I'll bet a lot of folks charged with federal white collar crimes are feeling more than a little betrayed today. That's because the government has bared its teeth at claims of private wrongdoing while turning a blind eye to the suspected criminals in its midst.
John C. Yoo and Jay S. Bybee didn't even get their wrists slapped by the Justice Department. This after the department's office of professional responsibility reported that the men might well have violated both federal and international laws against torture. But that's okay with the Justice Department. Times were tough when the men endorsed the use of waterboarding and other forms of harsh interrogation, thus providing legal cover for CIA agents to take off the gloves with those suspected being al Qaeda operatives.
Jay S. Bybee is now a federal judge. And John Yoo teaches law at the University of California, Berkeley. These two men were the architects of the Bush administration's harsh interrogation policies. Judge Bybee and Professor Yoo placed their imprimatur on now infamous memoranda expanding the scope of executive power to an extent that would have stunned the Founders. Why revolt if we're simply trading one George for another?
Lawyers in the Justice Department's Office of Professional Responsibility concluded that the torturesome duo had engaged in "professional misconduct, and ignored legal precedent they didn't like to justify an outcome that was consonant with the idiosyncratic needs of the moment. Justice's tops lawyers looked the rule of law in the eye and they blinked.
But the Justice Department is now distancing itself from the conclusions of its own ethics counsel. The department resorts to a cheap species of the reasons of state doctrine. In a separate report prepared by David Margolis, a career lawyer at Justice, the OPR conclusions are dismissed as giving insufficient weight to the "climate of urgency" in which Yoo and Bybee acted. This is the sort of reasoning that illustrates just how fragile are our federal constitution's guarantees of liberty.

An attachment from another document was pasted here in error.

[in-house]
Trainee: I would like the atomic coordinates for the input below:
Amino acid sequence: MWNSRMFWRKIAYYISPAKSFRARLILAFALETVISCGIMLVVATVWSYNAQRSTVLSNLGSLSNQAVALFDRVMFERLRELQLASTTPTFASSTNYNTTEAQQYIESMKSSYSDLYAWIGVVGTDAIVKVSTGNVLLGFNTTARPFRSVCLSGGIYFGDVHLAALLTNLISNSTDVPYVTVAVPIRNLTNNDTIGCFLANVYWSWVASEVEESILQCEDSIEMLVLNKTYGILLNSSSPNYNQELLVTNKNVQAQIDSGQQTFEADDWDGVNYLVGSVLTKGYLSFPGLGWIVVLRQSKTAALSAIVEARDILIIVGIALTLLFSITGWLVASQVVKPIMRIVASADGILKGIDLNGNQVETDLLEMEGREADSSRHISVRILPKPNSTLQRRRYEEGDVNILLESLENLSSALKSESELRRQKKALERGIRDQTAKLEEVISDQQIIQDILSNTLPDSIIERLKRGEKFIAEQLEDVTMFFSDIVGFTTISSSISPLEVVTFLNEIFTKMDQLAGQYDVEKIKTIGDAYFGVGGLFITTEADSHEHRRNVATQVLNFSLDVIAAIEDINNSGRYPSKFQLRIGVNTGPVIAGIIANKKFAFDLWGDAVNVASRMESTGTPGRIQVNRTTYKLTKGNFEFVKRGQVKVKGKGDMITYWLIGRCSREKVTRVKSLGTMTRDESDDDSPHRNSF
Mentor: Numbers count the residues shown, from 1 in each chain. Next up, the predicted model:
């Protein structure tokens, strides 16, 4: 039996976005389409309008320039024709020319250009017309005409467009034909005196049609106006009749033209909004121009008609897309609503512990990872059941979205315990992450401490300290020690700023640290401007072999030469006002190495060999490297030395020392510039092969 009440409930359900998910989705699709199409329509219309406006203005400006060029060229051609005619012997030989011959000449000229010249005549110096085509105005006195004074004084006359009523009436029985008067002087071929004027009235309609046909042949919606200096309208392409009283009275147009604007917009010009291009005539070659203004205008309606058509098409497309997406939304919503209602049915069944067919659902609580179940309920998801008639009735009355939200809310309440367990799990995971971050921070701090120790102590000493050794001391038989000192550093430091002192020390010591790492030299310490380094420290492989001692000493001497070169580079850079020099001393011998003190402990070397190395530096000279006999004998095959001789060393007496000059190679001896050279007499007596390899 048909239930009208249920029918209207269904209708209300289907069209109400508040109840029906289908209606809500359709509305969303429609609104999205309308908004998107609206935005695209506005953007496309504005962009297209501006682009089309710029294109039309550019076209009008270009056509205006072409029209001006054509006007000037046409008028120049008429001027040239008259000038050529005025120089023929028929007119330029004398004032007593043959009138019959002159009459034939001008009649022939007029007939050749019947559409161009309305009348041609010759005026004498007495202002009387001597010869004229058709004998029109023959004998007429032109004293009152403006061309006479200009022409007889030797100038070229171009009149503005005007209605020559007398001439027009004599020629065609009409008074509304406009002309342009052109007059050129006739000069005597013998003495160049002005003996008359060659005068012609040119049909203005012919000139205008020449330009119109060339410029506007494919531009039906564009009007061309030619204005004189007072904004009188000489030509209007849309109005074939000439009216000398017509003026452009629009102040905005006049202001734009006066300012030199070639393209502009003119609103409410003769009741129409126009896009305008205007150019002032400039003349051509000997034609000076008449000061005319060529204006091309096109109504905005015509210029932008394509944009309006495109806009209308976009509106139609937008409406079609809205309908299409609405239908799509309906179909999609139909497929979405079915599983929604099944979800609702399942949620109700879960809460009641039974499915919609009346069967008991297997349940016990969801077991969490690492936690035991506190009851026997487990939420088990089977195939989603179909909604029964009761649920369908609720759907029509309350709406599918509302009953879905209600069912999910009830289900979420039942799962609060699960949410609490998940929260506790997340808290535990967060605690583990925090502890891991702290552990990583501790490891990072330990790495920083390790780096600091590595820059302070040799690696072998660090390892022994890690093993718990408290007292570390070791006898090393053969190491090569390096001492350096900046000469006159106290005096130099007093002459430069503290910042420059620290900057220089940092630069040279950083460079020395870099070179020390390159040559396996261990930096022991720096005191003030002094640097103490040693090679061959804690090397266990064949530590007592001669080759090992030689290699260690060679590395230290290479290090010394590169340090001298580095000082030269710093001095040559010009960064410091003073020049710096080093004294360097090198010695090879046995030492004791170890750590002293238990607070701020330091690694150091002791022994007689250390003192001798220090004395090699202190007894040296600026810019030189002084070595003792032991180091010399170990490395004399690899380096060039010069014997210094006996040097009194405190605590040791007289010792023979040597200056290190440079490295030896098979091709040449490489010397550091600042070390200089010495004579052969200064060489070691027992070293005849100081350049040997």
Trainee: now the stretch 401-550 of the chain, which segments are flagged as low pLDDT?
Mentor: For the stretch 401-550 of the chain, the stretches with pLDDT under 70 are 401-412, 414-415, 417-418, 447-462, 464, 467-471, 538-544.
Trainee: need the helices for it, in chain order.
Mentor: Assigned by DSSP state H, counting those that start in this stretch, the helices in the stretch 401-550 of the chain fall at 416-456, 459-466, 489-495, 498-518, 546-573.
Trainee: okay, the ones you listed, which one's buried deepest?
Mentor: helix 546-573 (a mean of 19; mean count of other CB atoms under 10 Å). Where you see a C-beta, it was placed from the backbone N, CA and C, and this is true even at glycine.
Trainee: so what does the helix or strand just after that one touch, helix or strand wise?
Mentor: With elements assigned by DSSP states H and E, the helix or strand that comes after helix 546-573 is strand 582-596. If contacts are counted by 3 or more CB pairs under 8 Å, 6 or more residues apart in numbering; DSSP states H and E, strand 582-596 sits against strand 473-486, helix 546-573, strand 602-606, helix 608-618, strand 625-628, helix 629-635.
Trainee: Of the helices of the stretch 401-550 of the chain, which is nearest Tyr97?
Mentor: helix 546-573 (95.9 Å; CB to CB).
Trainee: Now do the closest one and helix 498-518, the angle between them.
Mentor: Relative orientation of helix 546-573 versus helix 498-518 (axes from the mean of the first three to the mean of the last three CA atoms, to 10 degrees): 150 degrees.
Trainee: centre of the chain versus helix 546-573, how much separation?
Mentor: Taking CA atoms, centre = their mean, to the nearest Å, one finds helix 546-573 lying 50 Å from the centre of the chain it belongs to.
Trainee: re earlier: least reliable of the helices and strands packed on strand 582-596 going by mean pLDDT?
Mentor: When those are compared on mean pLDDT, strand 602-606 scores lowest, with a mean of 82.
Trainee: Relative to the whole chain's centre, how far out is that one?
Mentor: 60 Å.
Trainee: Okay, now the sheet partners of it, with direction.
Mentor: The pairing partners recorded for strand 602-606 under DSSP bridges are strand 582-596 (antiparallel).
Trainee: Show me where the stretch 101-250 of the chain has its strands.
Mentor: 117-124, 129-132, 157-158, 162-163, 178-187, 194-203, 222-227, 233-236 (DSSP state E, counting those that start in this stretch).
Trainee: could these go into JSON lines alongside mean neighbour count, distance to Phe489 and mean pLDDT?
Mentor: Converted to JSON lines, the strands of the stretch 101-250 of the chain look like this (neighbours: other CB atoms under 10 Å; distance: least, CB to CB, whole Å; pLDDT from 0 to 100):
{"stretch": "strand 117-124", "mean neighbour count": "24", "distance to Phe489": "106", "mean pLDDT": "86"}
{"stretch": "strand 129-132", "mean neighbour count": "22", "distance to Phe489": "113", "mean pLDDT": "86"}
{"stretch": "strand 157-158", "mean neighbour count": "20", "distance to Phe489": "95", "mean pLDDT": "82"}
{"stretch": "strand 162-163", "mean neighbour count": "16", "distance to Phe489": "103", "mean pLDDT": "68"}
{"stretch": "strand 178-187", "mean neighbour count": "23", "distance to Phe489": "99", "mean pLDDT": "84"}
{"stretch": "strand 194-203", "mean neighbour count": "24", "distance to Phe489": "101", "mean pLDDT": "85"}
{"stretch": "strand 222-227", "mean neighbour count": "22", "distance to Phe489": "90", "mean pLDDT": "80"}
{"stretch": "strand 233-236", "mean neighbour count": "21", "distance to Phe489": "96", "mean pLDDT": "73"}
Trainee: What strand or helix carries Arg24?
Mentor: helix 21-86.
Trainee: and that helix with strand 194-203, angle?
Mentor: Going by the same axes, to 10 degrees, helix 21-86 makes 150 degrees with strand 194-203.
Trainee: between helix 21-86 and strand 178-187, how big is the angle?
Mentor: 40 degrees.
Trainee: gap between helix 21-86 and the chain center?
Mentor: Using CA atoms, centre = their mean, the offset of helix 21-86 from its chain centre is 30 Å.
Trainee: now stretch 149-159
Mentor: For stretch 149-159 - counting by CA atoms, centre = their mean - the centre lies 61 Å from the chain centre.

The Fourth Amendment prohibits unreasonable searches and seizures. Yet the terms of that amendment are by no means self evidence. In a famous Fourth Amendment case involving interception of telephone transmissions from a telephone booth, the Supreme Court held that two things were necessary to succeed in raising an claim that the Fourth Amendment had been violated. First, a person must show that he had a legitimate expectation of privacy. That is a subjective test. Next, the person must show that his subjective expectation is one which society is prepared to honor. That's the so-called objective test.
In the wake of the 9-11 attacks, many Americans were prepared to yield liberty for the sake of security. The "national climate of urgency" was a siren song for authoritarians. It is reasonable, is it not, to torture our enemies when a ticking time bomb threatens to explode any moment now? Thus the calculus of liberty was weighted with the constant need to feel safe at all costs. The result was Yoo, Bybee and the waterboarding good boys and girls at the CIA.
That the government now decides to blink at potential violations of the law by senior administration officials is paradoxical. Is the government saying that the perception of exigency justified the potential violation of law? Or did it merely excuse the misconduct? Of is the claim bolder still: that the exigencies of the moment made the misconduct necessary?
Justification, excuse and necessity are common law defenses to crime. These excuses rarely play for those accused of white collar crimes in the private sector. When a government liberty excuses its own misconduct by resort to these defenses troubling questions arise about whether the rule of law means more than picking and choosing which crimes to punish for reasons altogether political.
Representative John Conyers of Michigan got it right in his assessment of Justice's handling of Yoo and Bybee. The judge and the professor "dishonored their office and the entire Department of Justice."